The other was a girl on the Port de Balès the next day... I was going up and she was coming down, coming into a hairpin her tyre exploded, she did very well to stay up right.

It is not just pressure, but a combination of everything I expect... over heating rims, tyres pumped up too hard, the heat build up in the rims probably softens the rubber and the bead and it comes off with a big bang. I don't think anyone can dispute that running lower tyre pressures would give you some leeway especially if you are heavy or heavy on the brakes... plus adding in the ambient temp and road temp. On the Tourmalet incident the guy probably had his bike sitting in the sun for 30 minutes or more on the summit ( like everybody else ). On the Port de Balès it was a horrible cold day though.

I stand by my original statement... you don't need to have your tyres pumped up to maximum in the big hills ( on clinchers )... you probably don't need your tyres pumped up to maximum anywhere but that's another matter. Run a good 10-20% below the maximum or buy a set of tubulars .

rkelsen
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### Re: Bike tire PSI question...

toolonglegs wrote:you probably don't need your tyres pumped up to maximum anywhere but that's another matter.

This man knows what he is talking about.

So many people rely on "conventional wisdom" for their car tyre pressures, without even knowing what the maximum pressure rating is (because Bob Jane said so), yet absolutely must run maximum pressure on their bicycle tyres. It defies common sense, especially when you consider the potential consequences.

I've found that running lower pressures is not detrimental to the feel or performance of the bike. In fact, it makes the bike more comfortable to ride. Conversely, running higher pressures is detrimental to the service life of equipment and gives less shock absorption, making the bike less comfortable to ride.

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### Re: Bike tire PSI question...

From a performance perspective, you don't want to under or over inflate tyres. Nice item by Tom Anhalt:

http://www.slowtwitch.com/Tech/What_s_i ... _1034.html

One quick “takeaway” from the above plot is that if one hasn't identified the "optimal" pressure for their particular setup, then it is far better to "err" on the side of too little pressure, than to "err" on the side of too much!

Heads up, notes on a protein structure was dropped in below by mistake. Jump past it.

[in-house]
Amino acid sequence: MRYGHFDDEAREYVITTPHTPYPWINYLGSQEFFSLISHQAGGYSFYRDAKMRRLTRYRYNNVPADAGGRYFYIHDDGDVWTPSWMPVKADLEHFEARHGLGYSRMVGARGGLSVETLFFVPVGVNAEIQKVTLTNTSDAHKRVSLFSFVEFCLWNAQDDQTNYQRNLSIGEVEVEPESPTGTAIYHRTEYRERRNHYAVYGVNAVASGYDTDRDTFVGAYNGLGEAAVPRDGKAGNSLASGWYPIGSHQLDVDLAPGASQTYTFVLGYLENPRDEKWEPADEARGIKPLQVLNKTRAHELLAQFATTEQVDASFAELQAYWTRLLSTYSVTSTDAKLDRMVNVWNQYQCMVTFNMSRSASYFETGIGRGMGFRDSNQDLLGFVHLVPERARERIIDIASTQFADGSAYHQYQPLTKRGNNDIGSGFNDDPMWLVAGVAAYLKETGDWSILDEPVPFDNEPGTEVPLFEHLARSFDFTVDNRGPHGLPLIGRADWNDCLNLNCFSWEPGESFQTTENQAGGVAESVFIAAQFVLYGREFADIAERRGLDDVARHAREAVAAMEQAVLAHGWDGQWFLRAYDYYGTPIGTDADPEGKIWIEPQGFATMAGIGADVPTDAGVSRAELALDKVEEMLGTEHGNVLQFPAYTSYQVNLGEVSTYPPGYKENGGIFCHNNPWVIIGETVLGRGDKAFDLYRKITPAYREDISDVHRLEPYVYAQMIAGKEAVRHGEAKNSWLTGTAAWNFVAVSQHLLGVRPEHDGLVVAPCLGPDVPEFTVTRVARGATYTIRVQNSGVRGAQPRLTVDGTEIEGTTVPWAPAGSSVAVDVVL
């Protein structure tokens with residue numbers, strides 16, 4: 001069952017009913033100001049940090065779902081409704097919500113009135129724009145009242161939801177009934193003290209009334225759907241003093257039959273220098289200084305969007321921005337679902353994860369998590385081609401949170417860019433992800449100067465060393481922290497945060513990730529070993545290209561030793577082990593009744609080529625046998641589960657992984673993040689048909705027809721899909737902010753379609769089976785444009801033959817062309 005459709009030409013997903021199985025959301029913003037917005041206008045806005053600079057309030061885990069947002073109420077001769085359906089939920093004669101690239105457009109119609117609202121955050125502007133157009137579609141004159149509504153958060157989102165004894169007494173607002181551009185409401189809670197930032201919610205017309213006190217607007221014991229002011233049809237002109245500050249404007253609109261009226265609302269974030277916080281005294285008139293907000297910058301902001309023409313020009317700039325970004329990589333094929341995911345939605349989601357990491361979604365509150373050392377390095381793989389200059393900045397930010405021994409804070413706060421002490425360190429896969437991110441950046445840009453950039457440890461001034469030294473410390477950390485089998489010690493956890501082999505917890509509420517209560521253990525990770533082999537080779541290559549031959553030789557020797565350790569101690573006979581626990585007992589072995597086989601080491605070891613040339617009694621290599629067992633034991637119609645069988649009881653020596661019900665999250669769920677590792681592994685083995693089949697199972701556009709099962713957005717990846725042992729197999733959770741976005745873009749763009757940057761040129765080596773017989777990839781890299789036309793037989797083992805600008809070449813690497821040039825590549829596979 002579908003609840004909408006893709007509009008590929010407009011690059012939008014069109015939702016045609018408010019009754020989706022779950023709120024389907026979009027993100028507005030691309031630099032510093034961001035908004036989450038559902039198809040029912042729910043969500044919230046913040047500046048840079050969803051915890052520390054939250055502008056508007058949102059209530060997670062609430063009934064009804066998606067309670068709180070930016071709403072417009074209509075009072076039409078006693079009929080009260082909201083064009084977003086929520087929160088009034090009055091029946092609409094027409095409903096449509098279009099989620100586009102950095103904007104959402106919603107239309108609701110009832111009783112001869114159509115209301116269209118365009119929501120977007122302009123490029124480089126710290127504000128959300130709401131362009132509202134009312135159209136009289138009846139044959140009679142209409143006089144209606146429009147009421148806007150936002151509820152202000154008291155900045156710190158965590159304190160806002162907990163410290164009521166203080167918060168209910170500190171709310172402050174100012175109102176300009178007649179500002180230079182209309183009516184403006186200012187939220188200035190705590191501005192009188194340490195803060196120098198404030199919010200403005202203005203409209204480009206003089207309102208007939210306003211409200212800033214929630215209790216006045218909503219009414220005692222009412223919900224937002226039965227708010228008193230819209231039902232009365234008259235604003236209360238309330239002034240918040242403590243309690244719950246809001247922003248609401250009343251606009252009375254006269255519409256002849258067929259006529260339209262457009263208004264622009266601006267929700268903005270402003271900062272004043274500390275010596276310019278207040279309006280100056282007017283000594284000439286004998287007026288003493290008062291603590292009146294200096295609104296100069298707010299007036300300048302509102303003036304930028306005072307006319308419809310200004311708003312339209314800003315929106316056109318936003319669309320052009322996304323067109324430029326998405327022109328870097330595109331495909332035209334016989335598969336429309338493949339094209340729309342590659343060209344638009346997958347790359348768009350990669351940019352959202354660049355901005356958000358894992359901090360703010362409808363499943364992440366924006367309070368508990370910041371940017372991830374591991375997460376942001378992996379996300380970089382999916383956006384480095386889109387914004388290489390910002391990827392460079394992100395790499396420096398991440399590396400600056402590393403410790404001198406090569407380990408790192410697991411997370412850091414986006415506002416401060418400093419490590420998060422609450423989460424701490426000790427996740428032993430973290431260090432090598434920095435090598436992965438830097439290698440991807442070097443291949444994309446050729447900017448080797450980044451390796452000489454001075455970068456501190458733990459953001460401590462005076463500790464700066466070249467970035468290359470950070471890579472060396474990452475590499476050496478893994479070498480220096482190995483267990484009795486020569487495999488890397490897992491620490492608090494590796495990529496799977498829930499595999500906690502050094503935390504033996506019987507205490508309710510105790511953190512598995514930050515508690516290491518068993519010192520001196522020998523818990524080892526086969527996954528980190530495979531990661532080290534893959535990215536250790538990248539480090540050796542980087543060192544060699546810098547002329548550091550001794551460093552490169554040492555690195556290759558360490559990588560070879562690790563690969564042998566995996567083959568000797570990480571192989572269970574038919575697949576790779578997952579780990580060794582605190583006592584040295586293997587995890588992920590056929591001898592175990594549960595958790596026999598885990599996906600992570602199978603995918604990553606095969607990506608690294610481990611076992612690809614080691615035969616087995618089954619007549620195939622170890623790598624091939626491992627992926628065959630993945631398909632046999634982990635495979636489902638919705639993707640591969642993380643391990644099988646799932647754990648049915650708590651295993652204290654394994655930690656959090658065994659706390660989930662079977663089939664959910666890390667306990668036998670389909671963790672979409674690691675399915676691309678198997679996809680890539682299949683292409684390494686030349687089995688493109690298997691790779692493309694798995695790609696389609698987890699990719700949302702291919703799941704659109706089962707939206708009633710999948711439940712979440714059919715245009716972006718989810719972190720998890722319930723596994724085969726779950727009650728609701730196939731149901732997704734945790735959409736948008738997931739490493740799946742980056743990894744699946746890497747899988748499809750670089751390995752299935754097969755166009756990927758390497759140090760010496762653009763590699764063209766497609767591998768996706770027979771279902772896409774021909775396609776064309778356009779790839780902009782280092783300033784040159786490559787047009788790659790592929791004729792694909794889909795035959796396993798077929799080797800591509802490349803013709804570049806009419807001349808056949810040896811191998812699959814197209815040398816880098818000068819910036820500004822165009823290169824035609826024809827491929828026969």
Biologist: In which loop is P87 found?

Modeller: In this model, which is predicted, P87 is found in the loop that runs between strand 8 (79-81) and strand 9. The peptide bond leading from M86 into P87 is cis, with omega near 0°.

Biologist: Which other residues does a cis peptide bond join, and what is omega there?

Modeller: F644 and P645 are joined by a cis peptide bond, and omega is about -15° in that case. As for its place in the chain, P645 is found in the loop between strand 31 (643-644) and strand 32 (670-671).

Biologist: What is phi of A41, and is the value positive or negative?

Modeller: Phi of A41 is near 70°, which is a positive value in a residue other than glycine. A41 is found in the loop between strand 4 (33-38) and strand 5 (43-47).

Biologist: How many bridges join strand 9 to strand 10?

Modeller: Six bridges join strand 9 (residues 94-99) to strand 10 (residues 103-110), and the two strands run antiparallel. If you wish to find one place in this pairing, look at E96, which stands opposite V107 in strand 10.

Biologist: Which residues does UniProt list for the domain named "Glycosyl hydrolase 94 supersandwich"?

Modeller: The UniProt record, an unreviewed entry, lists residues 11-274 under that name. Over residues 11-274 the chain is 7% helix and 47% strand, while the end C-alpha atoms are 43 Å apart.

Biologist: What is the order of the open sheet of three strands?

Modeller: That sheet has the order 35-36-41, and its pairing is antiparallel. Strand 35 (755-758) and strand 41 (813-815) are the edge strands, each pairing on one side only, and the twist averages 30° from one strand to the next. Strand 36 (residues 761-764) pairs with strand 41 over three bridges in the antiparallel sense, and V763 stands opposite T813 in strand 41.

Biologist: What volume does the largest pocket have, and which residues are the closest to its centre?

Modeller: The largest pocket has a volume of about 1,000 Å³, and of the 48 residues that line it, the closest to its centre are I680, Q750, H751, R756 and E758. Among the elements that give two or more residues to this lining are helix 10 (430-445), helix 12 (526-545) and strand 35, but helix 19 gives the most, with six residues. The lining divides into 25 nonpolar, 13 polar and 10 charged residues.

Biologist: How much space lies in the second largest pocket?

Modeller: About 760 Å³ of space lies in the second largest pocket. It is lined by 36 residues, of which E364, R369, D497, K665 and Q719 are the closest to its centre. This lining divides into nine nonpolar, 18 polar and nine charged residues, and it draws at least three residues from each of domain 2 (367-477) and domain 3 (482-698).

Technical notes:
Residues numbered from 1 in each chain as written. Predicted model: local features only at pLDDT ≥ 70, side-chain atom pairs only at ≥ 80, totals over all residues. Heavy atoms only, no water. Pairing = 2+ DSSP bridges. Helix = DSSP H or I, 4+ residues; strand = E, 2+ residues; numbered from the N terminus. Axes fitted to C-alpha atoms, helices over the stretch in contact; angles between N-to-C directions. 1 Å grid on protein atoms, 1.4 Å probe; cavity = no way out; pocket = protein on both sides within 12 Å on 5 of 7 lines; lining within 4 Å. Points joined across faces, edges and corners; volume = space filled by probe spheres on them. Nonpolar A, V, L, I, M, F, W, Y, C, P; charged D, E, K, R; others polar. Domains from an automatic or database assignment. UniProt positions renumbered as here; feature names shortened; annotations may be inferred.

A good starting point for tire pressures is to follow the recommendations of the tire manufacturers. Most will give both a recommended pressure that's less than the maximum pressure, and some give fairly detailed recommendations based on rider weight and conditions.

Add to that there are certain circumstances where you don't want too high a pressure in order to improve handling, think crits, and also wet surfaces.

As for safety and heat factoring in blowouts, it's definitely a problem on road bikes on long descents with frequent heavy braking requirements. The sidewalls/beading becomes more easily removed from the rim. e.g. if you have a clincher tyre-rim combo that's hard to get on/remove on a cold day, then simply warming up the tyre can help make the job easier. And if your tyre-rim combo is pretty easy to remove by hand, then keep that in mind as pressures build.

Heat blowouts are even a problem for tubulars. Anyone who's raced at an outdoor track meet in an Australian summer will probably have heard that unmistakeable gunshot sound of someone's tyre blowing out while the bike is on the rack sitting in the sun.

Nobody
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### Re: Bike tire PSI question...

rkelsen wrote:I've found that running lower pressures is not detrimental to the feel or performance of the bike. In fact, it makes the bike more comfortable to ride. Conversely, running higher pressures is detrimental to the service life of equipment and gives less shock absorption, making the bike less comfortable to ride.
I also notice the grip improves a bit as the tyre pressure drops. Probably from less tyre bounce only, but it is still a noticeable effect IMO.